You know that fantastic feeling you get when you're so totally into a book that it really feels real? You know that I mean, you're so into the story that you feel like you're living it right along with the characters. That's the fictive dream, part of what makes fiction so amazing.
James Frey noted three stages that enable the writer to reach the subconscious and thus fully transport the reader into the fiction dream:
Sympathy: “Sympathy it is the doorway through which the reader gains emotional access to a story.”[i] It requires that a character be placed in a situation which will evoke an emotion so intense—loneliness, repression, danger, embarrassment—that the reader will feel sympathy for the character.
Identification: “Identification occurs when the reader is not only in sympathy with the character’s plight, but also supports his or her goals and aspirations and has a strong desire that the character achieve them.”[ii] In order for the reader to support those goals and aspirations the writer must make clear what the character does or does not want to happen.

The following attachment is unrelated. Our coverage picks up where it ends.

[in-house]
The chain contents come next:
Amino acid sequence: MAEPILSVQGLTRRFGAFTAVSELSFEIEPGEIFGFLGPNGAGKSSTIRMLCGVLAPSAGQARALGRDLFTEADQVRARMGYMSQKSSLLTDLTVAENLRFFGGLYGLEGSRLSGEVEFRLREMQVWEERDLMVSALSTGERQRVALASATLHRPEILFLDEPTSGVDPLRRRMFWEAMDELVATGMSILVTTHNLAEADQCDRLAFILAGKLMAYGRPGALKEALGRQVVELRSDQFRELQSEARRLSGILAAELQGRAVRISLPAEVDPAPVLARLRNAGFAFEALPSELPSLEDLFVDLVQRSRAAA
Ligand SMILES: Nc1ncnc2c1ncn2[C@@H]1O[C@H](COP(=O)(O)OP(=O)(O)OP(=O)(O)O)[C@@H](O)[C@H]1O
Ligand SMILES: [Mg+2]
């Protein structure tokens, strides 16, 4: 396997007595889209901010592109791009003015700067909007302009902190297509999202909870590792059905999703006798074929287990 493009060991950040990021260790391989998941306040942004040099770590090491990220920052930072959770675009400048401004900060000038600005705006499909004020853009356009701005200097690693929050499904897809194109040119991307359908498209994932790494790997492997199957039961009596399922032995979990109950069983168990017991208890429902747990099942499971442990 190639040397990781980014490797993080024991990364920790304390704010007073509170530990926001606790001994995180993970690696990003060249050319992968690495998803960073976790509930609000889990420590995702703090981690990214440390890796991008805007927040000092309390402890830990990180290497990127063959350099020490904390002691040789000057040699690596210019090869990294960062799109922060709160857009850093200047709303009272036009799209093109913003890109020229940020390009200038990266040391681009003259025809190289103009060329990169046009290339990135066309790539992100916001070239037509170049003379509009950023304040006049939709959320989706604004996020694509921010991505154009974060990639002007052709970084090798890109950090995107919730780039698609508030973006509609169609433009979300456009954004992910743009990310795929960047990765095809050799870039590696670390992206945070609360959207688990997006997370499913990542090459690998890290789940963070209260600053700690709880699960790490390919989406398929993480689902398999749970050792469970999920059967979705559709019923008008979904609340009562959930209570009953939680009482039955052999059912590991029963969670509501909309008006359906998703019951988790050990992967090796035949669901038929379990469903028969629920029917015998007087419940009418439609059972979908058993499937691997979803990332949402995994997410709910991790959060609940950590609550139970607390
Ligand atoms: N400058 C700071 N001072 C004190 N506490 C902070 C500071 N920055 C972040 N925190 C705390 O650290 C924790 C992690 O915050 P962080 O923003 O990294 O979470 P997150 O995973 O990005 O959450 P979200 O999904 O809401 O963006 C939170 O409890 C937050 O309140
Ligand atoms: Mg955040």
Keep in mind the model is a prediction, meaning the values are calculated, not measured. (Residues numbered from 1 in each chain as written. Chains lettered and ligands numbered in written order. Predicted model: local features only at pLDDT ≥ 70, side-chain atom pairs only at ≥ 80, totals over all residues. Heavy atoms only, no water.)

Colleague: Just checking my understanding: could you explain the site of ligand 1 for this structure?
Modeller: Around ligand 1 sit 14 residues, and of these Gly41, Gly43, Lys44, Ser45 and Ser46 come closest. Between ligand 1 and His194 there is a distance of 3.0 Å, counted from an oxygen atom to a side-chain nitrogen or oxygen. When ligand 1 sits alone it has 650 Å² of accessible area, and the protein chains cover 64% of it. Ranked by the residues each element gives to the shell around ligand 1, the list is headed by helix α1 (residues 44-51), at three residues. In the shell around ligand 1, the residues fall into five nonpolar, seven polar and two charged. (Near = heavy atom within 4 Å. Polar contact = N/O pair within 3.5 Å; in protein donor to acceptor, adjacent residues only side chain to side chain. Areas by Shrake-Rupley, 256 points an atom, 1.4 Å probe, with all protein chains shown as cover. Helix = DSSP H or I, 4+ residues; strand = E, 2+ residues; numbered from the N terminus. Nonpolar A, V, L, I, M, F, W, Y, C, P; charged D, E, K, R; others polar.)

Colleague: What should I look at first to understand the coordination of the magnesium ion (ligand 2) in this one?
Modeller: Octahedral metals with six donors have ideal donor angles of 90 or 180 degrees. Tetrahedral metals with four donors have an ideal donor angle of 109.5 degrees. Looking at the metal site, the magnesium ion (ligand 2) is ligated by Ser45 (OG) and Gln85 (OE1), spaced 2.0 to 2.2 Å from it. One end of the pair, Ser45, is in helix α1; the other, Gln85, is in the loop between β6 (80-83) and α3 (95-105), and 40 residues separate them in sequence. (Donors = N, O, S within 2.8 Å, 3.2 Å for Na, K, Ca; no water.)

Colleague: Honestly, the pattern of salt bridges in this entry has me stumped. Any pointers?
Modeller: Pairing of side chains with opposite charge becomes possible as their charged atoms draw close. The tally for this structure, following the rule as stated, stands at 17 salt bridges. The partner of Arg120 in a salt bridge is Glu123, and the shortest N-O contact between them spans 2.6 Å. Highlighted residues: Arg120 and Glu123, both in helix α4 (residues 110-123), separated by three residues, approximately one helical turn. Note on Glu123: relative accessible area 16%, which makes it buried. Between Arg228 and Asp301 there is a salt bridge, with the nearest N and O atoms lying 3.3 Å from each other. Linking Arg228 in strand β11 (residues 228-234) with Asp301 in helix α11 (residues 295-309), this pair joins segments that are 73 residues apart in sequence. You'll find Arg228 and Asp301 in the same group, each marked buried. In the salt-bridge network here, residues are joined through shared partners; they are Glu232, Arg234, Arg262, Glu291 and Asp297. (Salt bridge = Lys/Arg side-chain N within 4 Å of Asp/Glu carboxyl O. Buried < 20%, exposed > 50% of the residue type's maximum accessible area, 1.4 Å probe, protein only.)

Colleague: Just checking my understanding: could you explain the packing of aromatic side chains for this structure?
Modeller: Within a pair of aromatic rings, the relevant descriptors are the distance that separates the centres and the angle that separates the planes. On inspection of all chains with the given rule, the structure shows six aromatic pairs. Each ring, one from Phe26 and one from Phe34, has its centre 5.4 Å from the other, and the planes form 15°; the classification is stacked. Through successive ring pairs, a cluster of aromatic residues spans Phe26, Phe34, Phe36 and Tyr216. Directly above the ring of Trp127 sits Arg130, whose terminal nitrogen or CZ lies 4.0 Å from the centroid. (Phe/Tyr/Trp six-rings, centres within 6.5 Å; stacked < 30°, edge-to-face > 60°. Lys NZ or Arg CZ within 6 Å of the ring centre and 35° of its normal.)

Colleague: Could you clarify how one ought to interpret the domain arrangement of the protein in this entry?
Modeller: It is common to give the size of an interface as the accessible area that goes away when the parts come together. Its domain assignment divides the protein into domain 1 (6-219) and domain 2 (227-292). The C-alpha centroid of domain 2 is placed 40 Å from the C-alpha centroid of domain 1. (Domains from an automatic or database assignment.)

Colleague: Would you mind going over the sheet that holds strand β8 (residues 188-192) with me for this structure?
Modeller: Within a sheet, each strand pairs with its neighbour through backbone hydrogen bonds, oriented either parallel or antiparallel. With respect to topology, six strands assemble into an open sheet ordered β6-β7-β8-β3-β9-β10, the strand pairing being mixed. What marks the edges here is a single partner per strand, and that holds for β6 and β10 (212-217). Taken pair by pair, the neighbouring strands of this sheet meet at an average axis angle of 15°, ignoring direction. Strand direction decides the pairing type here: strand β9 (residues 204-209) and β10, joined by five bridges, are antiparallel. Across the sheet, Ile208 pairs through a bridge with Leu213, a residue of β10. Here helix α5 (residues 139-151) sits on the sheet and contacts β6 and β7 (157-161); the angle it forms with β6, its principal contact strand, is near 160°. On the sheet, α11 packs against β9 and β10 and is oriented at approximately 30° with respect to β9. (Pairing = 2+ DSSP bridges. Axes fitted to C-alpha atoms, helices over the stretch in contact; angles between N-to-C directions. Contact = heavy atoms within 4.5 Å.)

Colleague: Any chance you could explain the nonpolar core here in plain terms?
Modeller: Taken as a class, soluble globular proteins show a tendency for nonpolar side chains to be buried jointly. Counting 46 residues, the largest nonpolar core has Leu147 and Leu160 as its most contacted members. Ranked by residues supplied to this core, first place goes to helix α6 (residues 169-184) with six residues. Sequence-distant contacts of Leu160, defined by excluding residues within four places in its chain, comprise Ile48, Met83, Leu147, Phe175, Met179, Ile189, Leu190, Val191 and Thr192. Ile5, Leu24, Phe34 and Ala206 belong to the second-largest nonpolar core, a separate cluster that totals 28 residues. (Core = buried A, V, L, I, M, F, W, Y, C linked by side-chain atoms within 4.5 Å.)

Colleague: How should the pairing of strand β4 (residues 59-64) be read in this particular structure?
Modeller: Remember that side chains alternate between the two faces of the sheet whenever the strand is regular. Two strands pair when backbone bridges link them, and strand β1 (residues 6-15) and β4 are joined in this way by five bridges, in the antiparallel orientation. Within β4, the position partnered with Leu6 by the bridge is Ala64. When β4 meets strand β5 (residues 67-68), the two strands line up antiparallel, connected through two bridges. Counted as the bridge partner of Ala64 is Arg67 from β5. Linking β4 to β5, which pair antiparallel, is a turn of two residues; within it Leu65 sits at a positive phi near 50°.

Empathy: A writer can “…win empathy for a character by detailing the sensuous details in the environment: the sights, sounds, pains, smells, and so on that the character is feeling—the feelings that trigger emotion.”[iii] Empathy is a much stronger emotion than sympathy, and it is through empathy that the reader will feel what the character is feeling. This is achieved by using sensuous and emotion-provoking details that suggest to the reader what it is like to be the character and to experience what the character is experiencing.
For more information on the fictive dream and how to invoke it, read James Frey’s How to Write a Damn Good Novel II: Advanced Techniques for Dramatic Storytelling. New York: St. Martin’s, 1994.